Thornton Wilder’s classic 1930s play about small-town America, “Our Town,” has been described as vintage Americana in the early 20th century. In explaining the play to the all-ages student cast, Homer High School band teacher Amy Johnson put another spin on it:
The British science fiction television series follows the adventures of the Time Lord, a mythical transhuman being who can move through space and time. Wilder’s play follows the lives of several families through daily life, love and marriage, and death and dying in the fictional town of Grover’s Corners, N.H. Using minimal sets and few props, Wilder lets the characters tell the story without a lot of flash. Acting as the play’s narrative voice, the Stage Manager, played by Maya Jones, breaks the fourth wall between actor and audience.
“I likened him to be a Time Lord,” Johnson said of the Stage Manager character. “The Stage Manager just controls time and space in some ways.”
A collaboration between Homer High School, the Homer Council on the Arts, Pier One Theatre and Friends of the Homer Public Library, “Our Town” features students from West Homer Elementary, Connections, Homer Middle School and Homer High School. It opens at 7:30 p.m. Friday and also shows at 3 and 6:30 p.m. Saturday at the Mariner Theatre. Admission is $10, with special student rates on Saturday of $8. “Our Town” also is a Big Read event, part of a community read of Wilder’s play and his novel, “The Bridge of San Luis Rey.”
The cast ranges from 10 to 18 with children new to acting and seasoned Drama, Debate and Forensics, Homer High and Pier One Youth Theatre actors.
“It’s a wide variety of kids involved,” Johnson said. “Some have done theater before and some haven’t. It’s fun to watch them pull it together.”
Jones as the Stage Manager carries a lot on her shoulders and has been pulling the role together, Johnson said.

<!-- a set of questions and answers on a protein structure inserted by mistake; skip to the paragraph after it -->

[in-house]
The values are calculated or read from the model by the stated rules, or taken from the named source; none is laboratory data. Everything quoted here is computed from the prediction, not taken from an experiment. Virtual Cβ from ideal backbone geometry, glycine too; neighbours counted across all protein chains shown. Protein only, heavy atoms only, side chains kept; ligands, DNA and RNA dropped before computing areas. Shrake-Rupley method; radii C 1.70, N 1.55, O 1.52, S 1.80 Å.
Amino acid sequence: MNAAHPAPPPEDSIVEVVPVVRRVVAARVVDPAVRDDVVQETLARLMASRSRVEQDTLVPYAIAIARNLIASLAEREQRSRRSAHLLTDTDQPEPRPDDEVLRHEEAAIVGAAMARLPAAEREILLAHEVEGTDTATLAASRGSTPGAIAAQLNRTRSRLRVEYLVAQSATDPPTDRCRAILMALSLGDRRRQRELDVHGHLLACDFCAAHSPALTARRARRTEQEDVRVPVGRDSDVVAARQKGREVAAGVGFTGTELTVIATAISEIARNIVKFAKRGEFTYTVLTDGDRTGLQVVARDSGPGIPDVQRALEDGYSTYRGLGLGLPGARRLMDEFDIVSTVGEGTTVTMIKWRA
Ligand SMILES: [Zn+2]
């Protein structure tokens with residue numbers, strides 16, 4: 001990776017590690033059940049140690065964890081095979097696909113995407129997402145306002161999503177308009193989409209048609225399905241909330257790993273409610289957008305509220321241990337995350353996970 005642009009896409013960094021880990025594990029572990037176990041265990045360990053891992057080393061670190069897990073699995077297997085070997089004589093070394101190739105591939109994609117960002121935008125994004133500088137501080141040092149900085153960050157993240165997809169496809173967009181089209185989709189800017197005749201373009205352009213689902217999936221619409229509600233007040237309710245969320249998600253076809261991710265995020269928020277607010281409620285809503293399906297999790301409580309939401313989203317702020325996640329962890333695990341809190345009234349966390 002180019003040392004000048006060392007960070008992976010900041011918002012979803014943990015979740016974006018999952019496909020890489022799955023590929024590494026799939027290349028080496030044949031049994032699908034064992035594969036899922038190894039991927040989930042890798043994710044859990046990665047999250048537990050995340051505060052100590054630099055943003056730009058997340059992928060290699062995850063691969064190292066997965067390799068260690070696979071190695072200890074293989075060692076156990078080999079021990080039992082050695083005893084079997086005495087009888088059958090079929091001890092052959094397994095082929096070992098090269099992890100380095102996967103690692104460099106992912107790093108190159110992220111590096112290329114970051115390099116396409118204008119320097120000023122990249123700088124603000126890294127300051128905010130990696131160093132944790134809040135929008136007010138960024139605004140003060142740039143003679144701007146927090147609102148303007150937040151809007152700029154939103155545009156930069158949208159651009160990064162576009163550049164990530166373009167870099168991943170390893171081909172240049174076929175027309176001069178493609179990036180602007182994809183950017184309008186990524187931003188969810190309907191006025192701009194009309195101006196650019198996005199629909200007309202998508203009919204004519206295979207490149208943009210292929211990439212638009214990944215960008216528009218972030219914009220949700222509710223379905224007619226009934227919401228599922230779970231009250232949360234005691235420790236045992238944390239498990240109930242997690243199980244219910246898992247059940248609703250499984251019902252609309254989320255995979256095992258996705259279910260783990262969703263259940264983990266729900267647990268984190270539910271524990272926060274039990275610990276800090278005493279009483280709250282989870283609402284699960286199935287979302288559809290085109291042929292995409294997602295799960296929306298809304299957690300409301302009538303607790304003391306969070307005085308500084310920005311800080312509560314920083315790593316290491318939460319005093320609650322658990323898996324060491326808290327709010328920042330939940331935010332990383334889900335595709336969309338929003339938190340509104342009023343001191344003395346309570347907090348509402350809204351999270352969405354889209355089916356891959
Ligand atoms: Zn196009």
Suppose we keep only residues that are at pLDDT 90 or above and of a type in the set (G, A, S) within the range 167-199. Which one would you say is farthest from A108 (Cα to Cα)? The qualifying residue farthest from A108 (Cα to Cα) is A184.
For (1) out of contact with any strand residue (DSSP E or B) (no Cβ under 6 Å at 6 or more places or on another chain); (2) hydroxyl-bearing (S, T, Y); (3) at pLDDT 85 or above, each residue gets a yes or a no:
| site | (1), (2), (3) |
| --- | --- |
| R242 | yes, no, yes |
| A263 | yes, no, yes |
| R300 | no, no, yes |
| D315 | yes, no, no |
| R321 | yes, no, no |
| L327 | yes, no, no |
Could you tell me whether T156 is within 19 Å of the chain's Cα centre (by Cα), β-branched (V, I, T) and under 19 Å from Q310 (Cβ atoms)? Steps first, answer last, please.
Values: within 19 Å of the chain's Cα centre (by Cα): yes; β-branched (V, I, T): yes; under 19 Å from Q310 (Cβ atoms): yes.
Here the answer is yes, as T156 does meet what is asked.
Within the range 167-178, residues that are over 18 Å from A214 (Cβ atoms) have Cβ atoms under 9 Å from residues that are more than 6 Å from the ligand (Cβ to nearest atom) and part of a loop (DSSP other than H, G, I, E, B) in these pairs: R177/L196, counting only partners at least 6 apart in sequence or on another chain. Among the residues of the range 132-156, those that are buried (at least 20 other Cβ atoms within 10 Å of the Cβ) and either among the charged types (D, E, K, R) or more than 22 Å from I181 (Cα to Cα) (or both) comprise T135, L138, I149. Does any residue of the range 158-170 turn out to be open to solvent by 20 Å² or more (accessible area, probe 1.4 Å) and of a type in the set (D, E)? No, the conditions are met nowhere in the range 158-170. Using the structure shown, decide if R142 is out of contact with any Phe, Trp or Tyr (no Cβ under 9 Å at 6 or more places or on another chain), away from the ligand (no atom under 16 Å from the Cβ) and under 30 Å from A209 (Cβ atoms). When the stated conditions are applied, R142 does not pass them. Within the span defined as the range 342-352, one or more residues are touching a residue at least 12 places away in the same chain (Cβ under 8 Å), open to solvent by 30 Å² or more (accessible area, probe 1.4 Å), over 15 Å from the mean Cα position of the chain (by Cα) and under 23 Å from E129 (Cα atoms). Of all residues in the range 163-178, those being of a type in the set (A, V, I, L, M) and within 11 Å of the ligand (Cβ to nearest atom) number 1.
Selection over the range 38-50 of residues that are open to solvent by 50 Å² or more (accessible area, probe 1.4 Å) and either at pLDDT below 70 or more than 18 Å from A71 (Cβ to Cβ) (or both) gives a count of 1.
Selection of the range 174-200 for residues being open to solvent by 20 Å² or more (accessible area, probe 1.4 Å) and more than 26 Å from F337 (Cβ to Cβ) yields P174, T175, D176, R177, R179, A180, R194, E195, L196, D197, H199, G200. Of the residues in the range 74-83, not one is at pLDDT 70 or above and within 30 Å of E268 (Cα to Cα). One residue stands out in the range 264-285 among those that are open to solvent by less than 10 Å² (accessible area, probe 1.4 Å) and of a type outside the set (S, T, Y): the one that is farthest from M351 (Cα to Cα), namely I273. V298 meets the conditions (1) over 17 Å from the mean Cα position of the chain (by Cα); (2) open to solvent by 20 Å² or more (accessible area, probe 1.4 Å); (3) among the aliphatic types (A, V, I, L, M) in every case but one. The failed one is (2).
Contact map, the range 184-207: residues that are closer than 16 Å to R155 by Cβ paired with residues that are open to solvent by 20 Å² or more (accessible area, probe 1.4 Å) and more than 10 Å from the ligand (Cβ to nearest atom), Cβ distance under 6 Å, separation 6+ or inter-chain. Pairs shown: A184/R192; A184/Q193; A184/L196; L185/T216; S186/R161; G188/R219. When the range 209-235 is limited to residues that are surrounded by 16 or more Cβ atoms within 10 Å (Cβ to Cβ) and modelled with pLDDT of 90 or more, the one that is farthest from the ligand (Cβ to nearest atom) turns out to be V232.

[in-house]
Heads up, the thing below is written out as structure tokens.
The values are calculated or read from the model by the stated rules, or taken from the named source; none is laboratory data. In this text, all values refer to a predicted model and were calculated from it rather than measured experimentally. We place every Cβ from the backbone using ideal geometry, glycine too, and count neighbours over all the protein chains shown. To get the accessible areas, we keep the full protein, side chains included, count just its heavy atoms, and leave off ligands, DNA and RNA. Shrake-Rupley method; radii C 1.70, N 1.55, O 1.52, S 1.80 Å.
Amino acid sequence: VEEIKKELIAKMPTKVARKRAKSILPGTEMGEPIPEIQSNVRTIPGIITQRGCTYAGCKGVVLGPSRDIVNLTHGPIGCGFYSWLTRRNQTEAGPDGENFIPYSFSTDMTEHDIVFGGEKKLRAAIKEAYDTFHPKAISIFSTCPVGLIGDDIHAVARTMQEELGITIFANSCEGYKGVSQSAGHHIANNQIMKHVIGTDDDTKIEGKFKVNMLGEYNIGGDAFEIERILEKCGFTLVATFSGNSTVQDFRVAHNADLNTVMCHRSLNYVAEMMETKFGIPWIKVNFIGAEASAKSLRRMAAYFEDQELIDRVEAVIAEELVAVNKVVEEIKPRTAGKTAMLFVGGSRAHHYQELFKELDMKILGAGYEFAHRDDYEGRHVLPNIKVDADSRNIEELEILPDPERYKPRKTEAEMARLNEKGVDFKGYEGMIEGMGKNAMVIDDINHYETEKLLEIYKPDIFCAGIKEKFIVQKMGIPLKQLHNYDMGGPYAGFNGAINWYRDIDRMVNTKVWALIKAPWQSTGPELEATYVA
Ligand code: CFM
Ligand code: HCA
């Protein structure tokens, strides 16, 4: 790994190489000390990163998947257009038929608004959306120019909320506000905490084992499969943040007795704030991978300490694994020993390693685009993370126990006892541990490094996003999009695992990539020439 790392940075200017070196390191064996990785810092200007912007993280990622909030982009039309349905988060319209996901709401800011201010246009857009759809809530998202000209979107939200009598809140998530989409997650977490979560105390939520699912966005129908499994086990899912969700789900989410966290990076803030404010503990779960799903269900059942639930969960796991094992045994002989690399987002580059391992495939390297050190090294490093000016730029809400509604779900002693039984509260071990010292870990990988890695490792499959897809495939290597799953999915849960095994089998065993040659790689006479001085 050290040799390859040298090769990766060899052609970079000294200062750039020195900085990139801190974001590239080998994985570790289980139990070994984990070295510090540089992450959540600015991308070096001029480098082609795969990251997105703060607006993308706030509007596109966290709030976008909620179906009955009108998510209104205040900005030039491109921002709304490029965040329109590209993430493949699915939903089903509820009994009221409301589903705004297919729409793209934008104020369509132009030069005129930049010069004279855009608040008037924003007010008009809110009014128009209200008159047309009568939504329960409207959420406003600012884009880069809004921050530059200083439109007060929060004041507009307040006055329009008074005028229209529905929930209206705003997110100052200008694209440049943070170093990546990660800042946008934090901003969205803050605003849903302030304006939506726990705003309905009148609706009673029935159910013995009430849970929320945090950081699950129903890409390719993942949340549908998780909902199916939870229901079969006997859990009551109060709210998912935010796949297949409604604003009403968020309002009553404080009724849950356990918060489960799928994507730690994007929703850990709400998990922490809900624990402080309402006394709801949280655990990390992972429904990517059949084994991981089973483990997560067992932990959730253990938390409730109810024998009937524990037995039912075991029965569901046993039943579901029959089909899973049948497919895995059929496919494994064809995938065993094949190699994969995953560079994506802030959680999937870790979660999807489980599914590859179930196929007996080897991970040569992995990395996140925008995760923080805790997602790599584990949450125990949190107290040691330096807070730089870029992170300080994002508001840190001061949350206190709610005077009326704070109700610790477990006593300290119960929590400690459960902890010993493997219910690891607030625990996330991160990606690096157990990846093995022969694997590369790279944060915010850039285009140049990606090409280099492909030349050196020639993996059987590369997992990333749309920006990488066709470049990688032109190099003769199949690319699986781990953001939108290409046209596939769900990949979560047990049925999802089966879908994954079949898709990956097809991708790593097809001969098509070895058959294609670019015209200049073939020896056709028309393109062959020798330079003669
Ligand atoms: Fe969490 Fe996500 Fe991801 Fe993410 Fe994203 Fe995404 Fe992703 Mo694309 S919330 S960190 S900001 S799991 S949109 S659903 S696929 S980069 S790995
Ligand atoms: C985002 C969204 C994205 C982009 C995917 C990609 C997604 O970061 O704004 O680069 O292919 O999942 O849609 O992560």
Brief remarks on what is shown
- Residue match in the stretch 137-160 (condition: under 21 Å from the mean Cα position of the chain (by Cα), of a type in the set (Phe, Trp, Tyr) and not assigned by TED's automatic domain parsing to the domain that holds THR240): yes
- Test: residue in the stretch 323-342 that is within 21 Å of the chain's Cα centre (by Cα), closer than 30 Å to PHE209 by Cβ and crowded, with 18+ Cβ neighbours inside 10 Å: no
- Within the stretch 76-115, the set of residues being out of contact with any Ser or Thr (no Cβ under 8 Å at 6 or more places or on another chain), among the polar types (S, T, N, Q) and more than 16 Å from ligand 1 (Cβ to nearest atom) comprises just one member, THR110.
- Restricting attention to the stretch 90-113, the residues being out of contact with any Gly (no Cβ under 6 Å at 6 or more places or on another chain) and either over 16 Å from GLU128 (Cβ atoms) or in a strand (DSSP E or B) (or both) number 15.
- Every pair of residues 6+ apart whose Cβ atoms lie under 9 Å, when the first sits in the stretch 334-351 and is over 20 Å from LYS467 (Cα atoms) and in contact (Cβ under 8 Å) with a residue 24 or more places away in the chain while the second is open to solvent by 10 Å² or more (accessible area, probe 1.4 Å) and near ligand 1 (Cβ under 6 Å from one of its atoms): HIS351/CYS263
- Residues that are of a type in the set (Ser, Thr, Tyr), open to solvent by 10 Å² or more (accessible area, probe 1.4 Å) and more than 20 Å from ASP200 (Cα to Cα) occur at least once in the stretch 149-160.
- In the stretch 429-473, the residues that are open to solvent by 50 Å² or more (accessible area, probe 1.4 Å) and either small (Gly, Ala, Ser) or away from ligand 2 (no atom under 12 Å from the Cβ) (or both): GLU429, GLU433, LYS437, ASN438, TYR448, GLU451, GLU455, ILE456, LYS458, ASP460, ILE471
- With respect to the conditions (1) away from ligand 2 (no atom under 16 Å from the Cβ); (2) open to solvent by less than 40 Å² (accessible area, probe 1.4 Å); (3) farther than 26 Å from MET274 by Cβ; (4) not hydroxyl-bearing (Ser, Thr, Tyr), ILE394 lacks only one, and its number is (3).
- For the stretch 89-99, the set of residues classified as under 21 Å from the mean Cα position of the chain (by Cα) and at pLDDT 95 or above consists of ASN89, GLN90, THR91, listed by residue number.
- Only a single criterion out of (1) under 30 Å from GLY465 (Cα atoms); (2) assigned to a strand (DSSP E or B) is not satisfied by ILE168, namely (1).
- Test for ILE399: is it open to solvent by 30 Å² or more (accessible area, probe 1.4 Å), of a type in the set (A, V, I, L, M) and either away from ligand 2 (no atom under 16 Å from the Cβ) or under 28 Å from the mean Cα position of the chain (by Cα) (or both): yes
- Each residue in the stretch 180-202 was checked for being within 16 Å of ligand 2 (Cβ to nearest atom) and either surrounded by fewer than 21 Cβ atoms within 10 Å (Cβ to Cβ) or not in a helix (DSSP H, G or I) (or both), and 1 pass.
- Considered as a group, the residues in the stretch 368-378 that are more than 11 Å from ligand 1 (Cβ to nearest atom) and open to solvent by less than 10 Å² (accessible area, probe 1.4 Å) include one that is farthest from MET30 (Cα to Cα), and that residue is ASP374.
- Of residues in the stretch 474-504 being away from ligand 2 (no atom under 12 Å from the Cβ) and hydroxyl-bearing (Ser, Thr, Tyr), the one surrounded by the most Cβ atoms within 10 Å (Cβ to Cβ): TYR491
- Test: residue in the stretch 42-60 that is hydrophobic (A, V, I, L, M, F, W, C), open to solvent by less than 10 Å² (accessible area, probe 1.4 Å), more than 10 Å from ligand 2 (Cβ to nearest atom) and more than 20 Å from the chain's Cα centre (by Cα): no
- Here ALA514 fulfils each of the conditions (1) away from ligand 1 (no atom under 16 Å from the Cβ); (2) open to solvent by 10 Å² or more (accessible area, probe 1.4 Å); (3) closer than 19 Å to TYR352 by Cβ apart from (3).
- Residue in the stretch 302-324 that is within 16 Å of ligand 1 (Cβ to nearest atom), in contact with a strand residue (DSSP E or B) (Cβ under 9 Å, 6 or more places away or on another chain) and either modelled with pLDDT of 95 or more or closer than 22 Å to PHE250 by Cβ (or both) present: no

“She’s responsible for setting the scene every time and letting the audience know what’s going on,” she said. “She’s doing a really good job with that.”
Part of the gimmick of “Our Town” comes from the limited omniscience of the Stage Manager and her role as the play’s viewpoint character. She not only knows what’s going on, but what will happen, like a boy who grows up to die in World War I or that Doc Gibbs will die in 29 years and have the hospital named after him. The Stage Manager even takes an older Emily Webb, played by Lauren Jones, back in time to relieve a day in her youth.
“You feel like the Stage Manager has been in Grover’s Corners as long as it has been existing but also as long as Grover’s Corners exists,” Johnson said.
The small town plot also has a connection to the lives of the cast and audience.
“It’s kind of accurate,” said Trevor Stanish-Kinsel, who plays Mr. Webb. “If Homer had been set earlier, Homer would be like it.”
“Everybody knows everybody,” said Adrienne King, who plays Mrs. Webb. “The community knows everyone around town.”
That small-town connection is part of why the Friends of the Homer Public Library chose Wilder as a Big Read author, said FHPL coordinator Mercedes Harness. Big Read is a National Endowment for the Arts program to encourage community literacy and discussion of new and classic American books. The Homer Big Read is supported by a grant from the NEA and the Homer Foundation.
“The play ‘Our Town,’ we thought it provides an opportunity for us to do an examination of what we value about our town and community,” she said.
The younger students perform some of the roles that fill out the play, like people at a wedding or younger siblings.
“It’s fun for them to experience the different roles on stage and function in the different characters,” Johnson said.
Although rehearsals might have been a bit rough earlier, the young actors have pulled it together as show time approaches. A band teacher and the DDF coach, Johnson is more used to working with teenage performers.
“I’ve had a lot of fun with this experience,” she said. “It’s nice to see the young theater world.”
Michael Armstrong can be reached at email@example.com.